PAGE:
1953 Cos d’Estournel: this was served as a stand-alone in honor of my friend Michael B’s birthday. A birth year vintage wine most generously supplied by MIchaelP, mid-low shoulder but still red at the core with bricking at the rim, mushroom and earthy notes mixed with cassis on the nose. Very smooth on the palate, perhaps a bit tired/past it but not seriously oxidized, it still had fruit to give and for lovers of old complex Bdx this was still excellent.

Fourth Red Flight (Tim brought a couple of bottles clad in foil for us to puzzle over):
Blind A: red core, lightening at rim but no bricking. Aged Cab (Bordeaux?) nose but not yet completely given over to the sweet tea and wet leaves stage. Medium body, nice complexity on the palate, medium finish. Excellent. I guess a really nice left bank Bordeaux from the 1980s. It is 1982 Branaire Ducru a wine which kicked the behinds of some more exalted '82s at a blind tasting many of us attended at a BWE annual gathering about a decade ago.
Blind B: dark red core, minimal lightening at the rim. Definite Cab nose but more New-Worldy. Seems like it’s got some aged complexity but more in a California-y way. Maybe a 1970s California Cab. And going back to the nose a little later: Mint, and lots of it! Really nice wine, great body and balance and finish. Outstanding. I guess seventy-something Heitz Martha’s Vineyard but try to minimize my expected embarrassment by noting that I am almost always wrong about this stuff. I’m as surprised as the rest of the group when Tim pulls off the foil to reveal a 1975 Heitz Martha’s Vineyard. Is it illegal to call a Cali Cab your WOTN at a Bordeaux Wine Enthusiasts event? If so, I’ll go for the '62 Pontet Canet.

Fifth Red Flight
1983 Gruaud Larose: dark red core, bricking at rim. Nice earthy nose without any bretty merde, medium body, has developed nice complexity, medium long finish. Excellent but not in the same league with the wines in Flight 2 or 4. This bottle has a little history: it was the last of a batch of wines I inherited from my father in 1991. I kept holding it and holding it until I realized if I held it too long it would lose its magic without anyone enjoying it. Not a proper legacy, so I brought it tonight where it was administered appropriate last rites. It kept getting better the more I thought about this, so my rating is far from objective.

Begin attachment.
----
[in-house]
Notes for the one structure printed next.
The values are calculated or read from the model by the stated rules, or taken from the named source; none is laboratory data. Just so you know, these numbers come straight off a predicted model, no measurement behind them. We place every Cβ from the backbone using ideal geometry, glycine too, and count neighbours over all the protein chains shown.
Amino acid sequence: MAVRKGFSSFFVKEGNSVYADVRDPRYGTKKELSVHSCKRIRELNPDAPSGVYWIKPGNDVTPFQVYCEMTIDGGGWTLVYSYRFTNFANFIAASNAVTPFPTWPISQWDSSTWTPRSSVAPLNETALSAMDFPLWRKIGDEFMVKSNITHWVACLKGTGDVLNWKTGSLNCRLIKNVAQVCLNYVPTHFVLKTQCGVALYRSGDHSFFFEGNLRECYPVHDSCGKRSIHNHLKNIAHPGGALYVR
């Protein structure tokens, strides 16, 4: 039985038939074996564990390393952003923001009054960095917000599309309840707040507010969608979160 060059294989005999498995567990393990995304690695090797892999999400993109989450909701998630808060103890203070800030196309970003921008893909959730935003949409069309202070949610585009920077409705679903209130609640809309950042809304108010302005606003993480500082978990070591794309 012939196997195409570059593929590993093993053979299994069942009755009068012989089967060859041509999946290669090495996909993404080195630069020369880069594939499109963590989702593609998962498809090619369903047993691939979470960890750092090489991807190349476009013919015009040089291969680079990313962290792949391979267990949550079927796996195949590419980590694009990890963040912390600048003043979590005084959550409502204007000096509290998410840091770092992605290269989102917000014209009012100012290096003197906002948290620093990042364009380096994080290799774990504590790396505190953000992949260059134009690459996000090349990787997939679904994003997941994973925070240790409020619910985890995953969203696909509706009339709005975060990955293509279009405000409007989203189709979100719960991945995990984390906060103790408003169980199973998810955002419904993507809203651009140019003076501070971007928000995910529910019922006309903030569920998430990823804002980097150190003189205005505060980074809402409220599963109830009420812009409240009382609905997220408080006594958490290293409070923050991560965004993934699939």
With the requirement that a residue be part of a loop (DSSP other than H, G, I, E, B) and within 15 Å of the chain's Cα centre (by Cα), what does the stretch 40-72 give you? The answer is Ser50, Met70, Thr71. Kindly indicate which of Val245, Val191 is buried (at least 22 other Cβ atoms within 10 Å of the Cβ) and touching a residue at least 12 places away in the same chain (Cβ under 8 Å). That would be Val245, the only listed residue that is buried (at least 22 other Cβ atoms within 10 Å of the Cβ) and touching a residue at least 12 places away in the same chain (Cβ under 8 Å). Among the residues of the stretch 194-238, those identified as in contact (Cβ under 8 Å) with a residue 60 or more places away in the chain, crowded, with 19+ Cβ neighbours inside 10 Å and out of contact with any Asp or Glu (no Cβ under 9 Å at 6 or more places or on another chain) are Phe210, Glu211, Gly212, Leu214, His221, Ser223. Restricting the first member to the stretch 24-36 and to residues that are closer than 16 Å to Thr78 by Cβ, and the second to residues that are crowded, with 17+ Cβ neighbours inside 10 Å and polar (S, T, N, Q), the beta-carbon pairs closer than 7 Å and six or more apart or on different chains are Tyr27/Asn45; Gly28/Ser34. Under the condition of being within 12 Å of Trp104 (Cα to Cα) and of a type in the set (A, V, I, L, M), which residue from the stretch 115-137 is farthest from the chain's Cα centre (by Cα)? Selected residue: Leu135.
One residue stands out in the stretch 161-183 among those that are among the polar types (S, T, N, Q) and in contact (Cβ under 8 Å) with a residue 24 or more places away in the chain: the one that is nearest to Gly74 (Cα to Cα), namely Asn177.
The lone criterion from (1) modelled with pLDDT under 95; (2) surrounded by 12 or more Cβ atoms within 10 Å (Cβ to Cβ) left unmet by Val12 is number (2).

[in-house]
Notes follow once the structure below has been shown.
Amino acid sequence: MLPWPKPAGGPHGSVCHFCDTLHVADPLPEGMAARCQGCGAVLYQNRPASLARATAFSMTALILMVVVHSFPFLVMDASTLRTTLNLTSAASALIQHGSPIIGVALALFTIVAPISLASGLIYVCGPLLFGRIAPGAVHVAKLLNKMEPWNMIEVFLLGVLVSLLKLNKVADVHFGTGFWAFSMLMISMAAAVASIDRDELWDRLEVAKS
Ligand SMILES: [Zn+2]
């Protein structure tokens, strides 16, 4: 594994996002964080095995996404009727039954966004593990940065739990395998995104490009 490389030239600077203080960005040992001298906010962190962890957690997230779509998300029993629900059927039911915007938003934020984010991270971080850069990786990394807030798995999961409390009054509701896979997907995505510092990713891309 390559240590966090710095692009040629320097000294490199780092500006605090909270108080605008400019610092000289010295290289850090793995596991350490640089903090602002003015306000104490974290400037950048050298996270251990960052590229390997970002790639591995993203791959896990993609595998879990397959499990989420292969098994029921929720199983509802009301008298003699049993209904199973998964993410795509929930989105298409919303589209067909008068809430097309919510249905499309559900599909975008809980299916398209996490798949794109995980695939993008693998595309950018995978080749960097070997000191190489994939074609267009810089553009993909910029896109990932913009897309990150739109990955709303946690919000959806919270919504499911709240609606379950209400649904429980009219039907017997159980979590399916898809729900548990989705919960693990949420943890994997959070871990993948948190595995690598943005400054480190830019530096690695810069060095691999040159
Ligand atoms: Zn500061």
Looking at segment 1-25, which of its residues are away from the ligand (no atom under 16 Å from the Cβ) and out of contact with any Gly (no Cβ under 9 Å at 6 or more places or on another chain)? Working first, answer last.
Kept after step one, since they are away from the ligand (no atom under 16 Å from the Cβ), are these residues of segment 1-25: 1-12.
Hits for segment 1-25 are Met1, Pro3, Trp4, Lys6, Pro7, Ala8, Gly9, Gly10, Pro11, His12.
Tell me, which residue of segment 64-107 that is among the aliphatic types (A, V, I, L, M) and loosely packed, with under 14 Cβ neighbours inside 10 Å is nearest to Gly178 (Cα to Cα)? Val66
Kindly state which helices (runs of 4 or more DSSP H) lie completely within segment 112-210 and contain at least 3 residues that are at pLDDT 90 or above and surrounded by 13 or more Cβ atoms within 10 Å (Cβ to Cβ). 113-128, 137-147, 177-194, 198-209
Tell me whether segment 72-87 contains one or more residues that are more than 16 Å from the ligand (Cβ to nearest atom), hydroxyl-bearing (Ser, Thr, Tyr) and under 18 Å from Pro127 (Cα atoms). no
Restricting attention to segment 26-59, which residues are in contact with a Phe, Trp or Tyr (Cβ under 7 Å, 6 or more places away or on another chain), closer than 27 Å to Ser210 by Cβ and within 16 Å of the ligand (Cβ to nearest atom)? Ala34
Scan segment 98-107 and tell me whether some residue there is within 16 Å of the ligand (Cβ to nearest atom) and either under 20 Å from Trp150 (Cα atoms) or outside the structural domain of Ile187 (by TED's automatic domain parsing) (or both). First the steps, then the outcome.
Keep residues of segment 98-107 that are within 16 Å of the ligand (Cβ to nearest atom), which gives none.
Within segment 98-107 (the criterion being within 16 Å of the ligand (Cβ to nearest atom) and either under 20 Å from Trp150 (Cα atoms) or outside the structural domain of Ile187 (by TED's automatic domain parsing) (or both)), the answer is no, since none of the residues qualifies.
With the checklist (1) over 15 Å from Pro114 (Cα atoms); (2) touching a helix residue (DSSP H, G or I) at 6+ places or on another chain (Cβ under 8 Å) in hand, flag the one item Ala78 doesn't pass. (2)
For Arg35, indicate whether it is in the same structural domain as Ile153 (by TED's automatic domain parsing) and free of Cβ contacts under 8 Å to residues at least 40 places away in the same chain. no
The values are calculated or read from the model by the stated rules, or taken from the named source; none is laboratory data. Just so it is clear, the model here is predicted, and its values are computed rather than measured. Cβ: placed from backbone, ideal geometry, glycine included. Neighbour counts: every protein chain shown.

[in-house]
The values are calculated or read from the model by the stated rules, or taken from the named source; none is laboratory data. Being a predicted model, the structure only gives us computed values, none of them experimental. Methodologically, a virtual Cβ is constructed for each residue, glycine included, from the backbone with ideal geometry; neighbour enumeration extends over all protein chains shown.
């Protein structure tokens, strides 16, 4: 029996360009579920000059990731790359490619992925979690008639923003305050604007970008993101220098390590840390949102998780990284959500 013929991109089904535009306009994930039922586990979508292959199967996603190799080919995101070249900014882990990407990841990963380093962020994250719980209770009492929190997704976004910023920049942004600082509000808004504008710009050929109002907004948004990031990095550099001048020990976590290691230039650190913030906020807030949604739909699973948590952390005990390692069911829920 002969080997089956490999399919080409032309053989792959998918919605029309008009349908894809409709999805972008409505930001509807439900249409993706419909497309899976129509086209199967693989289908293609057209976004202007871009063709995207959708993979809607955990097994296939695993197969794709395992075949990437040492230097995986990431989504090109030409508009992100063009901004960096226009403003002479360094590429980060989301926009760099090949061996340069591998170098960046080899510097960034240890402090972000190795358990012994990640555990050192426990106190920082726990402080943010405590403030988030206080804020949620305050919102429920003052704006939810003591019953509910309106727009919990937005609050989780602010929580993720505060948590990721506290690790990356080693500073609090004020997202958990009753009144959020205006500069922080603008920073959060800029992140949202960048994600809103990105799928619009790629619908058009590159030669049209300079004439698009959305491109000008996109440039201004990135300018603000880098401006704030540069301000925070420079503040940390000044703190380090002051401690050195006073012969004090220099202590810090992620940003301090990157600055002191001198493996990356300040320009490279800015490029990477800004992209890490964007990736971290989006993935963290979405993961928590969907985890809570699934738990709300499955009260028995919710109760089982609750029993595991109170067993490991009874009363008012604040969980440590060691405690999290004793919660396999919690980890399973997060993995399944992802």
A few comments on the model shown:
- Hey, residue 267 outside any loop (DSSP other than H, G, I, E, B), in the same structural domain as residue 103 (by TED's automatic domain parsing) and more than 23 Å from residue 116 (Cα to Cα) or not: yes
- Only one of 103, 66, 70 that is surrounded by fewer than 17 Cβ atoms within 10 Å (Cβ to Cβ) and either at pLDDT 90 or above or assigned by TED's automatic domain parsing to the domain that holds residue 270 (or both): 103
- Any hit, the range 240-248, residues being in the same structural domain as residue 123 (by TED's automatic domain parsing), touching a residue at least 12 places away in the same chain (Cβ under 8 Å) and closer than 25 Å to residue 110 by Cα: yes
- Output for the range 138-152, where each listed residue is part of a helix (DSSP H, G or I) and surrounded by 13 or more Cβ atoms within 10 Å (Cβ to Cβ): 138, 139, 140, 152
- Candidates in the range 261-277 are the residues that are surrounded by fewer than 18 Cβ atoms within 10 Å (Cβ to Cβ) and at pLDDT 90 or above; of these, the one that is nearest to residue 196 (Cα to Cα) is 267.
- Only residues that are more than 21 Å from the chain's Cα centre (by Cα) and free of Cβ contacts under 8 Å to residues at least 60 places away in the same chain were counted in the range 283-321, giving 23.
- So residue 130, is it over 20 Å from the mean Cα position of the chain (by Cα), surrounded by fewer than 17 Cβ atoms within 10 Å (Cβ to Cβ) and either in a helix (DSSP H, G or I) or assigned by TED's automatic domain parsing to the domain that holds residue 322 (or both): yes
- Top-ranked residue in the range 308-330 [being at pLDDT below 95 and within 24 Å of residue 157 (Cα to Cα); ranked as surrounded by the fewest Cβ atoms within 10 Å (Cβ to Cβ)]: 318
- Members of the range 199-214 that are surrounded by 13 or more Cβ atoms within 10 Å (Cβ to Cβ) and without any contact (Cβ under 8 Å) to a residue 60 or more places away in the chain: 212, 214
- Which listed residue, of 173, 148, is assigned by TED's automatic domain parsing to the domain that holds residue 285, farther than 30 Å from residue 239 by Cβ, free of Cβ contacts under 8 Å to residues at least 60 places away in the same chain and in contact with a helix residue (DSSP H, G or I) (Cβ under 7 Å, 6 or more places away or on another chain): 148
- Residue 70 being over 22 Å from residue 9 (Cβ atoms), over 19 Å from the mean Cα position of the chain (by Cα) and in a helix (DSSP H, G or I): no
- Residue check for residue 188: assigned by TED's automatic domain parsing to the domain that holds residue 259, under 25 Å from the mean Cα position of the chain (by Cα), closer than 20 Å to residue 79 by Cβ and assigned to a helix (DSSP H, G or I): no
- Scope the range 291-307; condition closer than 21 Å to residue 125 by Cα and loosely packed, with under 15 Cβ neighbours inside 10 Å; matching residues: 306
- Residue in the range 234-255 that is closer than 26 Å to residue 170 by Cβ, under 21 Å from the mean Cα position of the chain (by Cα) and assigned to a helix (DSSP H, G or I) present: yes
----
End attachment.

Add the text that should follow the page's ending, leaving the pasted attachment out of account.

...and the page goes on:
1989 Leoville Barton: darker red with only a little lightening at the rim. Biggest, youngest of the Bdx with likely room for improvement but very nice now. Very good to excellent with an upside.

1977 Dows Vintage Port: dark red, nicely mature, great fruit concentration, drinking extremely well but with many more years to go, excellent to outstanding. Wish I had more time to spend with this one before leaving.

Unfortunately the hour was late and we had to give our driver a break and head back to Abu Dhabi before we got to open the 1953 Gilette Creme de Tete that I brought for my friend, but we gave it to Michael B as a birthday present. We all said goodbyes, wishing we could linger longer, with promises to do it again sometime. And for MichaelP and Tim and me, that will be in a few short weeks at the Bordeaux Wine Enthusiasts annual gathering in DC!

nice notes, thanks, David.